It is likely that developments in the use of phase change materials will allow even greater amounts of storage to be used in conjunction with solar thermal power. It appears to me that at this point in time solar thermal power is well ahead of wind power as regards approaching base load capability.

While in the shorter term solar thermal power is most likely to be used relatively locally, in the longer term it will require carefully planned development of long distance transmission systems. One reason for this, as evidenced by a presentation at the conference, is that solar thermal power is likely to be correlated with load profiles that are not local to the sites of generation. Another very interesting conclusion from the same presentation was that solar power is likely to be moderately well anti-correlated with wind power. This means that when wind power is not available, solar thermal power may be available and vice versa. Therefore when solar thermal power and wind power are part of the overall, wide area, energy mix, availability of power is likely to be enhanced.

What about solar power for individual dwellings? Where individuals and families live in high rise tower-type developments it is likely that power will have to be imported from external sources. Energy use minimization will be increasingly important in such contexts. Solar power collection requires vast surface areas (as found most commonly in vast deserts). For scattered individual dwellings in areas with high rates of insolation, local harnessing of solar power, most likely through the use of photovoltaic panels, is technically possible. Effective individual-dwelling capture and use of solar-generated power will depend on full grid integration and smart metering. Harnessing of solar heating is also possible, although individuals who are not trained in thermodynamics (including many policy makers and politicians) are unlikely to appreciate that harnessing solar energy for low temperature heating is inherently wasteful and inefficient (but, of course, if it makes economic sense do it). Whether solar heating or solar power production are being considered, it is generally desirable to optimize energy use, building insulation and ventilation before making significant investments in harnessing solar renewable energy on a per dwelling basis.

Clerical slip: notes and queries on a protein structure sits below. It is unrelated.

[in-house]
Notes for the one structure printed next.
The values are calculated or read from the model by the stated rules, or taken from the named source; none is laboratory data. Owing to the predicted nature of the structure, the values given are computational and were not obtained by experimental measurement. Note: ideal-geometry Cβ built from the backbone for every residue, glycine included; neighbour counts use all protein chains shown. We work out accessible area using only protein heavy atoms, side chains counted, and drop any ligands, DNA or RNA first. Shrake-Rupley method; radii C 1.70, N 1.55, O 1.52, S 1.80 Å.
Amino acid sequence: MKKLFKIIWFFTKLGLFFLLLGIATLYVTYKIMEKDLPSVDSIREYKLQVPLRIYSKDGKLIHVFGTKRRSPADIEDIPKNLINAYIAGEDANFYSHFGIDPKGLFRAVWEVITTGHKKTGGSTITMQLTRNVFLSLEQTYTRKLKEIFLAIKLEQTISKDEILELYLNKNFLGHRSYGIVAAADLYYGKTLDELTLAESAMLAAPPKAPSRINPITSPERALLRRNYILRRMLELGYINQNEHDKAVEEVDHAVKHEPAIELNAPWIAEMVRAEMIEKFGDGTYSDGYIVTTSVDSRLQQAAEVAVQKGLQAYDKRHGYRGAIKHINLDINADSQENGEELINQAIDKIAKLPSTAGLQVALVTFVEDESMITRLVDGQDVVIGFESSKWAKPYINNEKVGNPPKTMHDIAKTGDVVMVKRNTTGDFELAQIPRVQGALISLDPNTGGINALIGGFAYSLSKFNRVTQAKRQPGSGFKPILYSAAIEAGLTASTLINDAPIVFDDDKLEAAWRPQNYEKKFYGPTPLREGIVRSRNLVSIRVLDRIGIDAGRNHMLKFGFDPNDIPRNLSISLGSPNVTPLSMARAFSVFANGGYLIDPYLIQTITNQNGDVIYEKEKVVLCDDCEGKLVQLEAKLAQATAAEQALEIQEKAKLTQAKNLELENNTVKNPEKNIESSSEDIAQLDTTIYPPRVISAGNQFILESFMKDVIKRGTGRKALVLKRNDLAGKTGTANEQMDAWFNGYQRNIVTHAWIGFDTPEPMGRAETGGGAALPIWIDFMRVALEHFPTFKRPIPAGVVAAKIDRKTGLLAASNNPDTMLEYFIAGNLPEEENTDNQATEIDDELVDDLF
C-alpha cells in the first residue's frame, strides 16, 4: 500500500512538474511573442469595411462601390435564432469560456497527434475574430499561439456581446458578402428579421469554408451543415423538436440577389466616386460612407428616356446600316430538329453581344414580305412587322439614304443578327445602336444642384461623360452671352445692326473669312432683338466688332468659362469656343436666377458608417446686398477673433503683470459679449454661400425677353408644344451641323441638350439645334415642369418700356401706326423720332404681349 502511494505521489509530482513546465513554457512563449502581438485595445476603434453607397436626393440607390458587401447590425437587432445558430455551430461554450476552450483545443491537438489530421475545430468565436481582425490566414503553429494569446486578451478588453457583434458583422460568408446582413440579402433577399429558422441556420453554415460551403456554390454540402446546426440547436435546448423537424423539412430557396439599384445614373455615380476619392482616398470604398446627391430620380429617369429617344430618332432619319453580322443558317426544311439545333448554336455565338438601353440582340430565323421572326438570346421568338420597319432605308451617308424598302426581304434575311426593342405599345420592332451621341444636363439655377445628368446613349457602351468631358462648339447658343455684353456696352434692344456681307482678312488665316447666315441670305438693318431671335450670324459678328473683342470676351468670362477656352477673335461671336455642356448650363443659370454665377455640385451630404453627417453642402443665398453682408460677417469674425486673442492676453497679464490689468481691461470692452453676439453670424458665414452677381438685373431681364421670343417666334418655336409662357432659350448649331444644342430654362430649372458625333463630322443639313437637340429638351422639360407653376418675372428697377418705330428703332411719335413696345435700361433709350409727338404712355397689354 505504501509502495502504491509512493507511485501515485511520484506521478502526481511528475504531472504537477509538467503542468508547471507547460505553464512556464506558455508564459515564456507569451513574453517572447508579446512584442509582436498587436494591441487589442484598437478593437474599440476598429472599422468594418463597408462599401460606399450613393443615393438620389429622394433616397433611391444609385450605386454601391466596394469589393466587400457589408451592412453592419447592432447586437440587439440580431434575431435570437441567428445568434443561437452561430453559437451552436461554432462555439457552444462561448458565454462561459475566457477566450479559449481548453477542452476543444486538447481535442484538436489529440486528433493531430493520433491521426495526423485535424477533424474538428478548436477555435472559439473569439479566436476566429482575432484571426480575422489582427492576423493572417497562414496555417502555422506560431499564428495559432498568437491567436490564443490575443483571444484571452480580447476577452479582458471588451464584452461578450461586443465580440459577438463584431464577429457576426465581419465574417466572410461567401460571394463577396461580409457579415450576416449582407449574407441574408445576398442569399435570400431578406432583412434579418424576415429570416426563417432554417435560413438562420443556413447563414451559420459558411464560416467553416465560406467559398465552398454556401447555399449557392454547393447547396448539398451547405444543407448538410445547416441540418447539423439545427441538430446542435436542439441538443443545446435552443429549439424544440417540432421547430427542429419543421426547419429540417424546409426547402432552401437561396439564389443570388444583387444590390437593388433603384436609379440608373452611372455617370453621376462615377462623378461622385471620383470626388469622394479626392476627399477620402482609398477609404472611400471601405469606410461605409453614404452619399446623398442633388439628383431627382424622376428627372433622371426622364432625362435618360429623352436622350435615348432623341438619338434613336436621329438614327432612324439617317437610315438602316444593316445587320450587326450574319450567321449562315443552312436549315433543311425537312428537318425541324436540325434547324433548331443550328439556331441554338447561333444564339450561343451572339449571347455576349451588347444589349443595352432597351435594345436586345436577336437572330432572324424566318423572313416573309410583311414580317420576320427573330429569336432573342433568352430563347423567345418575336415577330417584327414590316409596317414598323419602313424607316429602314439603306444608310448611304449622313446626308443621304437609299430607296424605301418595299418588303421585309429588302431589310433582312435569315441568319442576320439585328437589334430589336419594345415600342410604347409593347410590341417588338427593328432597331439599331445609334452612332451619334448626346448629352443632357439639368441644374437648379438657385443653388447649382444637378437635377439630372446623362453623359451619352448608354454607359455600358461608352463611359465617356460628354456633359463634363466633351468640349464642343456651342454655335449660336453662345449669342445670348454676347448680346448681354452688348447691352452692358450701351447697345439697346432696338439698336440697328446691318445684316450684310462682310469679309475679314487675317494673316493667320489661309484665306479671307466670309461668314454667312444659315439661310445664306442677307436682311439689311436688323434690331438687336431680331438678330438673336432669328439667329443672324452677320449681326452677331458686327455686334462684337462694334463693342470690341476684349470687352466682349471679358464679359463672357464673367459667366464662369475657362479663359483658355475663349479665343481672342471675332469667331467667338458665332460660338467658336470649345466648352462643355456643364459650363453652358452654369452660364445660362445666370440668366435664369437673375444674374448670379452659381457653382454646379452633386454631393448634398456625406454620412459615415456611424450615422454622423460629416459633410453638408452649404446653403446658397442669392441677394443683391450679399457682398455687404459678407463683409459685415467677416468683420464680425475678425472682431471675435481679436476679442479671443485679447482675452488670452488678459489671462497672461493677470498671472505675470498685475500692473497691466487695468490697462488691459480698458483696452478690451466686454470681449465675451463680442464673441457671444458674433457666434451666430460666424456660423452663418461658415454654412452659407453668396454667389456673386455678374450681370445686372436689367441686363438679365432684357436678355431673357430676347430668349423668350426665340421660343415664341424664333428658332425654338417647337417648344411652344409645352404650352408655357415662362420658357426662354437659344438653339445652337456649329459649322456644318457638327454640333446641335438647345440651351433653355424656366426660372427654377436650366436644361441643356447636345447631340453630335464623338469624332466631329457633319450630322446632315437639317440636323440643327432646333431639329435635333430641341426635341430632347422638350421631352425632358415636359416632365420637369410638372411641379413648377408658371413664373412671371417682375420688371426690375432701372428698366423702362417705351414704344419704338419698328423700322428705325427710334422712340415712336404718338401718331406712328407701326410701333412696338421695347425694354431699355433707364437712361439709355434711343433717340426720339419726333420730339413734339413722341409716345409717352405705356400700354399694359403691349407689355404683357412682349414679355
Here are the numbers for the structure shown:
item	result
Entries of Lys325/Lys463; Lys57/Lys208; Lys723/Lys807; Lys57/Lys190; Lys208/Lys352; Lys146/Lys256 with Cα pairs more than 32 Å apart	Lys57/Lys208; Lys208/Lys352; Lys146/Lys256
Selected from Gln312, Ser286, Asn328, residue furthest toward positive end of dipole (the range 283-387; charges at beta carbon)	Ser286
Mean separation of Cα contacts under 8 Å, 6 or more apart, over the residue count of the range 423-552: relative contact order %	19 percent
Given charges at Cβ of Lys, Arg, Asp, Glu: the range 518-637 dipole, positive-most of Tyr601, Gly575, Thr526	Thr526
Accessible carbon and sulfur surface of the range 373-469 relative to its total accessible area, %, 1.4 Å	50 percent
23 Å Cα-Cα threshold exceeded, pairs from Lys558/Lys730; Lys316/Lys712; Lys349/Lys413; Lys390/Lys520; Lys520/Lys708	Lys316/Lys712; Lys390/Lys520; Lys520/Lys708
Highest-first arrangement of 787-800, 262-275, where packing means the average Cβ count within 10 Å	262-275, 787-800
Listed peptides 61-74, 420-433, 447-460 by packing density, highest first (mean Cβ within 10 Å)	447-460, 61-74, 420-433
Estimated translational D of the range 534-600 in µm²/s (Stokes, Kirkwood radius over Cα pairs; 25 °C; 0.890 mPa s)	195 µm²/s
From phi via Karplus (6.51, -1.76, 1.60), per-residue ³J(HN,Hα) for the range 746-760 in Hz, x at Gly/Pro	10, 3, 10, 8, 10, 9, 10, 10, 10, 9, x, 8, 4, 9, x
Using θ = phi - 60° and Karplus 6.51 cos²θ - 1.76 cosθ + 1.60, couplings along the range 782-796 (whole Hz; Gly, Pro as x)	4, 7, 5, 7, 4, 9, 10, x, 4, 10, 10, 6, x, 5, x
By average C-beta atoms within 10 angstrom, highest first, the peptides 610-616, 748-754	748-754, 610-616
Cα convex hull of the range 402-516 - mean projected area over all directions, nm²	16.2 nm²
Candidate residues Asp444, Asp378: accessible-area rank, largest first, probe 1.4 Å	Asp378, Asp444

What about the use of solar energy in a country like Ireland where the amount of direct sunshine is relatively low and the average solar elevation is not very favourable? Generally the markets ensure that low hanging fruit is picked first. Right now, power companies are likely to exploit solar energy where it is most abundant and in a form that is most readily harvested. Progress with photovoltaics should make it increasingly attractive to use solar energy capturing surfaces in an unobtrusive way. Indeed, even apart from energy capture, recent developments, when fully rolled-out, will result in the very widespread use of albedo-engineered surfaces. These surfaces will have the look and feel of traditional surfaces, such as roof tiles or pavement materials. They will allow better thermal management of urban heat islands and play a role in energy demand minimization.

Very widespread harnessing of solar energy will, I strongly suspect, affect the albedo (the reflectivity) of the Earth itself, which will have implications for the average global temperature.

Returning from the Energy Sustainability conference I feel uplifted, not because I feel the problems of humanity have been solved, but because there is a lot of exciting engineering going on in an attempt to address the issues.